Making homemade BBQ sauces, rubs and marinades

Making your own flavour enhancers at home is easy and allows for a lot of personal flair. Here are the basics of flavouring your barbecue with homemade marinades, rubs and sauces.

Making homemade BBQ sauces, rubs and marinades

Sauces

Let's start in the most familiar territory for barbecue novices: sauces. Like many great sauces, barbecue sauce is best used during cooking instead of as a dipping sauce at the meal. There are two schools of barbecue sauce:

  • Mop sauce is thinner and has a simpler flavour. Things like tomato juice, beer or Southern-style vinegar sauce act like bastes to bring moisture and flavour to the meat.
  • True barbecue sauce is the iconic, thick and sweet variety brushed onto the meat late in the cooking process to achieve caramelization.

Marinades

Marination happens prior to cooking, allowing a complex array of ingredients to impart deep, subtle flavours to the meat.

  • At minimum, a marinade is a source of fat (usually oil) and a source of acid such as vinegar or lemon juice.
  • The acid breaks down the meat a bit to tenderize it, while the fat adds moisture and distributes flavour.
  • Marinades are made with mixes of spices, ground mustard, wine, beer, peppers, herbs and a variety of other possible additions.
  • The fun of marinades is inventing new combinations, so experimentation is encouraged.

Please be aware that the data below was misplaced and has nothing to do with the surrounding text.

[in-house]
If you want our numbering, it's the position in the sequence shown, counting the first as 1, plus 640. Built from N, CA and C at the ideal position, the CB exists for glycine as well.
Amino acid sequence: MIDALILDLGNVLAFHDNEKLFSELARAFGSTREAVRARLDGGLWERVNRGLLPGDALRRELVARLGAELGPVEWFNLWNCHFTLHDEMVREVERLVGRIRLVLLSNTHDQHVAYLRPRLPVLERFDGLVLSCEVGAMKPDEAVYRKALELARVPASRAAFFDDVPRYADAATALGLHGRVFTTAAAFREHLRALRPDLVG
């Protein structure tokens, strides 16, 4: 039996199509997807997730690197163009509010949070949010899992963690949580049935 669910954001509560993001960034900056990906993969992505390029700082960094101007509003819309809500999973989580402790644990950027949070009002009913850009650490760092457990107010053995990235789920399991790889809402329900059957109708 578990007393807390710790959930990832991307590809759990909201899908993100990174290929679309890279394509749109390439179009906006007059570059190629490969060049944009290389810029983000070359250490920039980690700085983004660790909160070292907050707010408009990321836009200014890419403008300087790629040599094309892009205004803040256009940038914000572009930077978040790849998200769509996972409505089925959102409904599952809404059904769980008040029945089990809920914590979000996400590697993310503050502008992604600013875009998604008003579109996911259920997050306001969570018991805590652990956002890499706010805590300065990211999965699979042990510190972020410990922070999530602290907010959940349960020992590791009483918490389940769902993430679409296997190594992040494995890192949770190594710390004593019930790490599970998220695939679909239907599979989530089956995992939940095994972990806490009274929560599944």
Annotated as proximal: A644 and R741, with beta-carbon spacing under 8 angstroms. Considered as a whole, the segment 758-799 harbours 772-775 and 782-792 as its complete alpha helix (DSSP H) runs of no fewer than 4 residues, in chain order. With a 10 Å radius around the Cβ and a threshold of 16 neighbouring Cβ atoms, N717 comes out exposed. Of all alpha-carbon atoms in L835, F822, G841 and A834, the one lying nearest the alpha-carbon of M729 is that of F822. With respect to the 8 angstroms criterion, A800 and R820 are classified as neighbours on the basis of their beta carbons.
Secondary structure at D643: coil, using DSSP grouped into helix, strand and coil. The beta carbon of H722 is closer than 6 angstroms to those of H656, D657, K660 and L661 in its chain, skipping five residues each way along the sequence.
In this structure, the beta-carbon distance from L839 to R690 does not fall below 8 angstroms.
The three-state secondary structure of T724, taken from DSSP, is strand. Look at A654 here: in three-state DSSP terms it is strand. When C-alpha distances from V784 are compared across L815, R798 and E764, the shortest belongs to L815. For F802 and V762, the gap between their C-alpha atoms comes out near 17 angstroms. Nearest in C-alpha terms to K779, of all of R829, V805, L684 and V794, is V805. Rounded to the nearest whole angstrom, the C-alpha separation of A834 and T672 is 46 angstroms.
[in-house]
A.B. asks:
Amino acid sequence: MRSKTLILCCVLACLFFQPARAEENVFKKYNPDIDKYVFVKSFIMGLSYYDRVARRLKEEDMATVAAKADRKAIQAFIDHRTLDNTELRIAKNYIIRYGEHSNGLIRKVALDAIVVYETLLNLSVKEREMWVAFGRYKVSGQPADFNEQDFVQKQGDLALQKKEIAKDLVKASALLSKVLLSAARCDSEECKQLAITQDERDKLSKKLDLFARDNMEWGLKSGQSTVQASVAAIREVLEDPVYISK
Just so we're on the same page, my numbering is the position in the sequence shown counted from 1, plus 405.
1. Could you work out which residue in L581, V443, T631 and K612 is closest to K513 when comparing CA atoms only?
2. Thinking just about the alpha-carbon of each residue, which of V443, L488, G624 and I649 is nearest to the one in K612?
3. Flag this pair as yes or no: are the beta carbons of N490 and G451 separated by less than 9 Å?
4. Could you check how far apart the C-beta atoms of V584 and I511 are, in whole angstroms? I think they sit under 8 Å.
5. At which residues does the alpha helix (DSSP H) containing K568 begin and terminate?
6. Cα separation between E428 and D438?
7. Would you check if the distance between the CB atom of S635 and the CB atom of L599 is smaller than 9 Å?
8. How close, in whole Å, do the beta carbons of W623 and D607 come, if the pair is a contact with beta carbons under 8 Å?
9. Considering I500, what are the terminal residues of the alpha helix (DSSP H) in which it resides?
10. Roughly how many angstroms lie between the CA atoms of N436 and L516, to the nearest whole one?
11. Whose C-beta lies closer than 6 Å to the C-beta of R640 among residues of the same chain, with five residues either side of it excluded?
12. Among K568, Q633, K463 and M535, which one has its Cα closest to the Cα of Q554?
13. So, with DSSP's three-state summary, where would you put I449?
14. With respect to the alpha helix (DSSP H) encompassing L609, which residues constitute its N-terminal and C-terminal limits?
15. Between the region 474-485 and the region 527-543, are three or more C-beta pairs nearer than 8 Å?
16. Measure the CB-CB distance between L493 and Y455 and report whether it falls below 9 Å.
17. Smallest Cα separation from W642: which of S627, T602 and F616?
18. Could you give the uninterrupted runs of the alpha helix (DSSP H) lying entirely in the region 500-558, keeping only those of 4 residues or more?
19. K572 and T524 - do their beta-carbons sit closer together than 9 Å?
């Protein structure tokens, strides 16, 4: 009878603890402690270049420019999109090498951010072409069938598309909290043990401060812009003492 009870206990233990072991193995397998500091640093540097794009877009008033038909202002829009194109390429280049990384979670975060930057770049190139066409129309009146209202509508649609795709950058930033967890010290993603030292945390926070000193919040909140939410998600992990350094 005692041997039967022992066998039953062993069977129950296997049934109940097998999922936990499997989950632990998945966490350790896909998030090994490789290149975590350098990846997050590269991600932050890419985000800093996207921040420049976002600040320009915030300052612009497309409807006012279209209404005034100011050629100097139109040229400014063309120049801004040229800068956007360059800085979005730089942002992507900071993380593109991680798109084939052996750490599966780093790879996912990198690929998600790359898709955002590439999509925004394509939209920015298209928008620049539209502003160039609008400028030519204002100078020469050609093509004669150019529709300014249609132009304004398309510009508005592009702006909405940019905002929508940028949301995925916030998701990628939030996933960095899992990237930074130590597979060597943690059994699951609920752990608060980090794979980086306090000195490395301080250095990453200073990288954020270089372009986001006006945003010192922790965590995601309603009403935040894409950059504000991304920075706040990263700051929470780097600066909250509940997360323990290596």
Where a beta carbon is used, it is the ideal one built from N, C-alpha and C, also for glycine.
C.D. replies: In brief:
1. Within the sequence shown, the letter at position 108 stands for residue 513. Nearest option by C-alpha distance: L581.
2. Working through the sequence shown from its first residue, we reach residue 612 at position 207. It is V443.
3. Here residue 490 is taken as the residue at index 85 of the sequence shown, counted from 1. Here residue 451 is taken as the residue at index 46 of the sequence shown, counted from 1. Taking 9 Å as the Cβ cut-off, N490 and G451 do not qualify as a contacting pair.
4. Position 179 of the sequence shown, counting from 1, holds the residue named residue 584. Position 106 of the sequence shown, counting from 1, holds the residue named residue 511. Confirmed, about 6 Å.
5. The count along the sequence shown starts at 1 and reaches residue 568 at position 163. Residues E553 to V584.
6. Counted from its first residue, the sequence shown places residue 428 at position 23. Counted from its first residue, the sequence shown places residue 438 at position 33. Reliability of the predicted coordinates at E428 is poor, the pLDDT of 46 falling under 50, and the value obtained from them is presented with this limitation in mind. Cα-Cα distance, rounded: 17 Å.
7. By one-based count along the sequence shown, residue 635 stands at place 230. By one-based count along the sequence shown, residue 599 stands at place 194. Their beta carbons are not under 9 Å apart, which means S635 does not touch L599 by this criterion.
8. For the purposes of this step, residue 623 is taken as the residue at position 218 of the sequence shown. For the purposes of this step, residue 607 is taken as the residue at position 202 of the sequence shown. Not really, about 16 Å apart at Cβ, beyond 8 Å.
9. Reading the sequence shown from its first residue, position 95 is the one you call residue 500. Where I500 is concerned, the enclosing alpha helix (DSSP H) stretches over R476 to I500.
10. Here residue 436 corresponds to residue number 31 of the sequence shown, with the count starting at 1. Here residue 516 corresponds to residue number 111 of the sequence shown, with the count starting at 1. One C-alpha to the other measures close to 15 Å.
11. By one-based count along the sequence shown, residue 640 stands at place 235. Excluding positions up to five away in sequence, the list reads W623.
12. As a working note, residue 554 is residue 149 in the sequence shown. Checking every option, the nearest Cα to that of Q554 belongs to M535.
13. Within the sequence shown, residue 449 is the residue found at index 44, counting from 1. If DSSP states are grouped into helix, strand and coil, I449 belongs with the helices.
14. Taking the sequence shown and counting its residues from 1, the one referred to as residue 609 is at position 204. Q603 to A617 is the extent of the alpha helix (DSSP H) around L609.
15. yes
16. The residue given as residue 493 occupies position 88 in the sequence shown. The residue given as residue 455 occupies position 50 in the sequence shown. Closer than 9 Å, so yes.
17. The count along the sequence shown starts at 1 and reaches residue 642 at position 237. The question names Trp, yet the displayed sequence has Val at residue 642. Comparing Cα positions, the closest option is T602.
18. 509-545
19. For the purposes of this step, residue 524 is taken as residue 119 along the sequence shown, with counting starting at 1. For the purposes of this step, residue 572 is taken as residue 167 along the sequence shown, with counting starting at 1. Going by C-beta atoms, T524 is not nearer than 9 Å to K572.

Rubs

Rubs are dry or semi-dry preparations that add a flavourful crust to the meat. The most commonly rubbed barbecue meat are the ribs, but the process works for any dish.

  • A dry rub is a combination of herbs and spices and often includes some form of sugar to help the ingredients adhere to the meat. For example, ground pepper, paprika, cayenne and brown sugar are fairly standard for classic Tennessee barbecue.
  • Rubs like Jamaican jerk are more of a paste. Pastes use fresh peppers and onions instead of dried ingredients to create a spicier, more potent flavour.

Barbecue aficionados have strong feelings about what kind of flavouring works best for certain kinds of meat, but the truth is that any barbecued meat can benefit from sauces, marinades or rubs. They all bring a lot of flavour to the party and are fun to make at home. All it takes are good spices, fresh herbs, a little sweet and a little tang.

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